Don Rogers: Teen pregnancy becomes cool
Vail CO, Colorado
No doubt as the father of a 17-year-old beauty, I must say this new age of “Juno” bothers me.
Suddenly it’s hip to be pregnant while still in high school. Jamie Lynn Spears here, the daughter of a conservative vice presidential candidate there.
I don’t like it. My discomfort goes beyond intellect, rationality, the biological fact that we ask our children to put off nature’s incredible hormonal tug for way too long.
Children get pregnant and become parents themselves. Do you beat them over the head about it, make it a stigma, make an example of a teen mom as social outcast once the deed is done?
Well, no. I appreciate how the educators, health-care professionals and parents find ways for teen mothers to finish high school.
But I sense this has moved a bit beyond help and perhaps to a nice way to get some extra attention for the girls. What was once a setback and mistake we made the best of has become a point of … pride?
Mom ” 16 or 17 ” glows. Younger girls look up to her. So mature, and a beautiful baby on the way! The boy who shares equal responsibility may or may not be in the picture at this point. But who cares, really?
The real difficulties fade into fine print. The stunted opportunities, the sometimes brutal facts of adolescent parenthood, the demographic tide against these young women. All that seems forgotten in the oohs and coos and sweet fantasies young girls have, with no way of knowing just how far those are from reality.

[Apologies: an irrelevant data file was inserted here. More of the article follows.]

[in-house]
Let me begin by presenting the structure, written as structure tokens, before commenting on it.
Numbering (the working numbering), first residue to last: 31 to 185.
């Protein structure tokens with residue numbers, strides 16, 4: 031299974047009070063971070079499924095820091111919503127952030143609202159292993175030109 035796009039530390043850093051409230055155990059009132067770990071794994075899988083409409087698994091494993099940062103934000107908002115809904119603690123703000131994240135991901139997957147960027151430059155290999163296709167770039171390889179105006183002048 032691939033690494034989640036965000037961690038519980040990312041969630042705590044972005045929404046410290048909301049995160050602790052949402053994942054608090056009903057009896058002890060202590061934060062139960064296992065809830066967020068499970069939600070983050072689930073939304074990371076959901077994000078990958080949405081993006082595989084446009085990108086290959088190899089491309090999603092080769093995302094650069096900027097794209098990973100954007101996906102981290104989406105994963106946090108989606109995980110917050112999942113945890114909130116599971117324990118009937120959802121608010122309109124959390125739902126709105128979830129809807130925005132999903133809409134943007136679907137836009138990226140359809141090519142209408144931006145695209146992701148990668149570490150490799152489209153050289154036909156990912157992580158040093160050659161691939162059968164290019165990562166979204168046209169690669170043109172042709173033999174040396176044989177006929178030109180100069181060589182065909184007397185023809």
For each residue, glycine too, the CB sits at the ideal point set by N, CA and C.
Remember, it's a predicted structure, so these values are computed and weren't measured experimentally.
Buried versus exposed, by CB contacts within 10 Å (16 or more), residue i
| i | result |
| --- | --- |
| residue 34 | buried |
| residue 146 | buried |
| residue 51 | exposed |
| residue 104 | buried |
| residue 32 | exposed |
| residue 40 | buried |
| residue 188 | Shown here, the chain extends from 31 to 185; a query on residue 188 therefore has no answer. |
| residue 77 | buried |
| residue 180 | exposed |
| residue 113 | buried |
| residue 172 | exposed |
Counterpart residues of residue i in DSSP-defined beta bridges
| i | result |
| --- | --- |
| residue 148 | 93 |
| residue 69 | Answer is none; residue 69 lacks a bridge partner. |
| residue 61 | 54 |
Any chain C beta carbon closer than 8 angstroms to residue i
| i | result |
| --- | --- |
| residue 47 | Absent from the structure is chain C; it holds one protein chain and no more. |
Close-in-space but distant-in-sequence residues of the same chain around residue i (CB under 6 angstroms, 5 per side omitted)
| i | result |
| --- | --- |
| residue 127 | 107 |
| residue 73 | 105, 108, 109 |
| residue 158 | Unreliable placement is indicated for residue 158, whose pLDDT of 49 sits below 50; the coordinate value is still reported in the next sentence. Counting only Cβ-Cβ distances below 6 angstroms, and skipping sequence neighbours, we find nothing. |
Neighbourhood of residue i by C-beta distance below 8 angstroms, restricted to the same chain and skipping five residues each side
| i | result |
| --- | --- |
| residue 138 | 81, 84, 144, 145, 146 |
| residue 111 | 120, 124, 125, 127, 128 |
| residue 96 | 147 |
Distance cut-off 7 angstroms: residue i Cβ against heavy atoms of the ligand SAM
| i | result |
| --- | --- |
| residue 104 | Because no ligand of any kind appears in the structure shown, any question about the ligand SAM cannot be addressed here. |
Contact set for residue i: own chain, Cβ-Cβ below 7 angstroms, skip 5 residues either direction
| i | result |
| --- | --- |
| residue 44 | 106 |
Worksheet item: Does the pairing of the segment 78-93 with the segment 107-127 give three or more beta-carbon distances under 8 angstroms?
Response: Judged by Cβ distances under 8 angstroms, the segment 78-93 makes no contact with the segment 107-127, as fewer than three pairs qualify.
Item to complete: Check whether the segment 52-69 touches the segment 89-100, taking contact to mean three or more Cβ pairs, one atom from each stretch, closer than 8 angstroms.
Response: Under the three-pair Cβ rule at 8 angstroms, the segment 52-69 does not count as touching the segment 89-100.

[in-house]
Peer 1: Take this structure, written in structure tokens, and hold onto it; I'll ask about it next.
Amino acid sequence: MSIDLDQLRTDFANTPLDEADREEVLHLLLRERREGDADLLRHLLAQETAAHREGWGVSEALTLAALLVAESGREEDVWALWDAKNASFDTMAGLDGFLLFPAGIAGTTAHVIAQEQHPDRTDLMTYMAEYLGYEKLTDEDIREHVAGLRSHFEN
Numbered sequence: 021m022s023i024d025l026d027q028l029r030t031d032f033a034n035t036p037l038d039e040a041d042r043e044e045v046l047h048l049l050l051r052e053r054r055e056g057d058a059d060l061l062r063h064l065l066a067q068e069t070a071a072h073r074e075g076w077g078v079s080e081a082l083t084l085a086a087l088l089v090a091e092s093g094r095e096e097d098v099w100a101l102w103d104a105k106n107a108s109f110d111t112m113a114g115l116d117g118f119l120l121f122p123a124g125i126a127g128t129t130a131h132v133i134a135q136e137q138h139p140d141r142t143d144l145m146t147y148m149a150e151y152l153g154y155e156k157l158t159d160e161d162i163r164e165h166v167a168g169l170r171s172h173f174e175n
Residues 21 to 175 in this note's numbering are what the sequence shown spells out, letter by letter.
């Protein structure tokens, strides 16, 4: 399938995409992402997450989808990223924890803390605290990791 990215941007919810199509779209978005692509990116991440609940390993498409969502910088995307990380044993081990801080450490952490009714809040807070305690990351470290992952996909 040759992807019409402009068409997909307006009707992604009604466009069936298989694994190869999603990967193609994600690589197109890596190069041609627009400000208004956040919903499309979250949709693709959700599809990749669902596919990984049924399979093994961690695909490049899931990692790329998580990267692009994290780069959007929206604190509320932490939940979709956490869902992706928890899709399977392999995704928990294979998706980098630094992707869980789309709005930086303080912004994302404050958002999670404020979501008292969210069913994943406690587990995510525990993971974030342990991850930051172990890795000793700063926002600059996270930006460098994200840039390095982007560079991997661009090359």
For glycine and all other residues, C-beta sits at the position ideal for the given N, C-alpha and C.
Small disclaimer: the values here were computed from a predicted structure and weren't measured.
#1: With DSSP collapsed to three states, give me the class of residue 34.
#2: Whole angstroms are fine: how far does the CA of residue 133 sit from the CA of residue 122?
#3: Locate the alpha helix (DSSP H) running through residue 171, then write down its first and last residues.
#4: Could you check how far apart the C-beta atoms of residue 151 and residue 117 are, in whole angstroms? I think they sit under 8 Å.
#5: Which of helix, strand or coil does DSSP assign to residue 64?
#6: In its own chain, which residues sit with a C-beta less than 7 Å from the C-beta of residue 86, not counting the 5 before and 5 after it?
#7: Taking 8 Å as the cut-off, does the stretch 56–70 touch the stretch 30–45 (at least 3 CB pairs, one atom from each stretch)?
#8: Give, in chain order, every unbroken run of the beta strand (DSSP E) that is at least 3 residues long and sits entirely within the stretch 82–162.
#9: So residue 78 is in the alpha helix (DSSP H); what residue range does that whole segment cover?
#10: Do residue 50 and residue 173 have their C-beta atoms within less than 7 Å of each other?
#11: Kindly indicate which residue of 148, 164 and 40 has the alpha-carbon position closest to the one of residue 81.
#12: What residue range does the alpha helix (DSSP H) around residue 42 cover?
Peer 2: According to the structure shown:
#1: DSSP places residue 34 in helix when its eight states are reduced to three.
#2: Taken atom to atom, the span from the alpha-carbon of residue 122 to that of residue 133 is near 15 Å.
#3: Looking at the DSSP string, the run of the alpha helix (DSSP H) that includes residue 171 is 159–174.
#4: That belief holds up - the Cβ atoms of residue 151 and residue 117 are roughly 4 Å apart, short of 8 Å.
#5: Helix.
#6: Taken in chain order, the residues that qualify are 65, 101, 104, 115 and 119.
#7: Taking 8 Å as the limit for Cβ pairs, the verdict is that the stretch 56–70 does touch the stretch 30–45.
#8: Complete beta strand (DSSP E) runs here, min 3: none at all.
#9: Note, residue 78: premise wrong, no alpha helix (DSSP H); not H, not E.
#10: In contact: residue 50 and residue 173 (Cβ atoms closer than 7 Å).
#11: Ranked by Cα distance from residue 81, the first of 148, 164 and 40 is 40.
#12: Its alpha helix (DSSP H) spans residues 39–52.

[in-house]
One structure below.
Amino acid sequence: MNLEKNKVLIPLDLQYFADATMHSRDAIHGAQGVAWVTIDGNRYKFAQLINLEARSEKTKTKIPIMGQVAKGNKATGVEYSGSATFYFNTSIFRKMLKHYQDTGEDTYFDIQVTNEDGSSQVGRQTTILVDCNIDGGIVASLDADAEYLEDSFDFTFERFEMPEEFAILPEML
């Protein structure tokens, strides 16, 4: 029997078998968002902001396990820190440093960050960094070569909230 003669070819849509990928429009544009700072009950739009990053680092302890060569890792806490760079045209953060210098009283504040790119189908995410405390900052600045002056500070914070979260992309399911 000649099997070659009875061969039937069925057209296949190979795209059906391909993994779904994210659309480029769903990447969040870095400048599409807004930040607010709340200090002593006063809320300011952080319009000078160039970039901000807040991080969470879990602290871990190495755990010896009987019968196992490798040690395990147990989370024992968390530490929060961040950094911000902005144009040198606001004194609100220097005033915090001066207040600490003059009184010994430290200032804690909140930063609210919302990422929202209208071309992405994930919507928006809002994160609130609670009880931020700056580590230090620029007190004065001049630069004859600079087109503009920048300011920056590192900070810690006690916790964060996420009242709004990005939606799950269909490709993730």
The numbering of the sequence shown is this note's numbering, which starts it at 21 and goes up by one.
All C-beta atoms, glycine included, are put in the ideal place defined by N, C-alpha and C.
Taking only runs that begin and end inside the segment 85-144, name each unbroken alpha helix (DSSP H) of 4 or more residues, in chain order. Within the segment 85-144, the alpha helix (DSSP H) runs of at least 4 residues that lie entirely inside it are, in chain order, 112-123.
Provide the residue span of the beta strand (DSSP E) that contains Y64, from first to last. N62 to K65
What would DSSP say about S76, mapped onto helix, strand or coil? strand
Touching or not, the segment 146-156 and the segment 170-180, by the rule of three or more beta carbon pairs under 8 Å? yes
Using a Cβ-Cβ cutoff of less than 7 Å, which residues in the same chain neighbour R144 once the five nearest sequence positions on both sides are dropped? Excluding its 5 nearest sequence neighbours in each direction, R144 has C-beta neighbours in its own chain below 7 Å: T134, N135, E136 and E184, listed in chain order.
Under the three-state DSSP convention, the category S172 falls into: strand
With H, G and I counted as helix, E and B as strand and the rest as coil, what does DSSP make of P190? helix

Intellectually at least, I know I overreact. A certain percentage of girls will always get pregnant too soon. An abortion will haunt those who have one, particularly in later years. Keeping their child of course has its own host of consequences, indeed lots of them very happy.
The vast majority of girls will have their children in their maturity. Society benefits most by supporting the fraction of girls who wind up pregnant in their mid-teens.
I know all this.
Still, this thing cuts deeper on me now, while my daughter negotiates her crucial years. I find myself very bothered by cute, witty “Juno”; every celeb magazine cover with a adolescent mom; and now even conservative politicos trying to win a presidential race who make this sound like no big deal and even pretty cool. For once I wish they’d just stick with their smug self-righteousness about social issues.
I’m just not OK with making teen motherhood sound quite so wonderful.
It’s not often I’m to the right of Rush Limbaugh on something. But then, who becomes president is not nearly so important to me as my daughter.
Don Rogers is the editor and associate publisher of the Vail Daily, Vail Trail and Eagle Valley Enterprise. He can be reached at 748-2920 or firstname.lastname@example.org. He welcomes your comments.